Key Takeaways

Are you about to turn 65 and become Medicare-eligible? Before you choose a plan during your Initial Enrollment Period (IEP), it’s smart to learn all you can about the various coverage options and costs. After all, health care is one of the biggest expenses you’ll need to plan for in retirement.

What are good questions to ask about Medicare? Below are 6 things you should consider.

What are my Medicare coverage options?

Unlike traditional health plans, Medicare is made up of parts—and each part provides different types of coverage:

  • Part A (Hospital Insurance): Medicare Part A generally covers inpatient care, including hospital stays, skilled nursing facility care, and nursing home care.
  • Part B (Medical Insurance): Medicare Part B generally covers outpatient care, such as doctor visits and services, lab tests, ambulance services, and medical supplies and equipment. Together, Medicare Parts A and B are referred to as “Original Medicare.”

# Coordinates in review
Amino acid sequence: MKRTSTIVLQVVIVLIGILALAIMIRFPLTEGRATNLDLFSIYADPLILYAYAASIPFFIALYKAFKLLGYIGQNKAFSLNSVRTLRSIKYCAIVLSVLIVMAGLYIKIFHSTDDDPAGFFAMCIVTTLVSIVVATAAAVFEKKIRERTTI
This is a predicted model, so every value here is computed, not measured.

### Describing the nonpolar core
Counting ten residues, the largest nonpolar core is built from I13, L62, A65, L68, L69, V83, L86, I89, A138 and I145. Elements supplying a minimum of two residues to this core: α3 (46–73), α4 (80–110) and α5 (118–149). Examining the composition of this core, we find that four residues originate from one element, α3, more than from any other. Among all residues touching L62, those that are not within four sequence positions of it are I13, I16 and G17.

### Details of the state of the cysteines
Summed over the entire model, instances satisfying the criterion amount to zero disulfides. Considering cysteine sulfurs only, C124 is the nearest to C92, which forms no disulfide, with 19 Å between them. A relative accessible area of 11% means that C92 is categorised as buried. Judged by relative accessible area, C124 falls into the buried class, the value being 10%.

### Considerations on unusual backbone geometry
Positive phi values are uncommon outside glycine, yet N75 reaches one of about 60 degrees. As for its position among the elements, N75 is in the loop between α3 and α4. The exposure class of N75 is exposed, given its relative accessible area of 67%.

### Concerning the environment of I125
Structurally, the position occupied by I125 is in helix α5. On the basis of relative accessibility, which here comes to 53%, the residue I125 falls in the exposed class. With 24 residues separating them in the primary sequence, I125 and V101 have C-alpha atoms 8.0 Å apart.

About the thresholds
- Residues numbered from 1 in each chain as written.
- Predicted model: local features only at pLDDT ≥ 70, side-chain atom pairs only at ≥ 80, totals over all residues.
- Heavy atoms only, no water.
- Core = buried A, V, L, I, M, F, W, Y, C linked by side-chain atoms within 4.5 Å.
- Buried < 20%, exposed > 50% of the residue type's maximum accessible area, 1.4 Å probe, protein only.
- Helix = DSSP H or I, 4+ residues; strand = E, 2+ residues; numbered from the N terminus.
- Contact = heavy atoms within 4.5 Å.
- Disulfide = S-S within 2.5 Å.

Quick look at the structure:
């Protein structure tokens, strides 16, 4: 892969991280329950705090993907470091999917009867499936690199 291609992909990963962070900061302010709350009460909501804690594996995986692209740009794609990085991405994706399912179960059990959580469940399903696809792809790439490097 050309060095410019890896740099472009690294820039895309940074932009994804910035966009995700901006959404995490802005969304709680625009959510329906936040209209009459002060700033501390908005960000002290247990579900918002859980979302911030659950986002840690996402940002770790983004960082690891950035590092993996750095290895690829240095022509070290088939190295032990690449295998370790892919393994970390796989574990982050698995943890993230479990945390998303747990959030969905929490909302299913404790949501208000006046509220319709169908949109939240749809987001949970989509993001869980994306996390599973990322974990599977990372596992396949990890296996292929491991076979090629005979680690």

• Part C (Medicare Advantage): Medicare Advantage (MA) plans cover everything Part A and Part B cover, but they’re more comprehensive. These "all in one" plans may include additional coverage for prescriptions, vision care, hearing care, and dental care. Some even offer extra benefits to help you stay healthy, such as fitness center memberships and nutrition support.
  • Part D (Drug Coverage): Prescription drug coverage is not included in Original Medicare. That's why many people choose to purchase a Part D plan to help subsidize the costs of the medications they need. Most MA plans have Part D coverage built in (these are called MAPD plans).
  • Medigap (Medicare Supplement): A Medigap policy is a supplemental insurance policy sold by private insurers. It can be used with Parts A and B to fill any coverage gaps and help you pay for out-of-pocket (OOP) costs like deductibles, copayments, and coinsurance.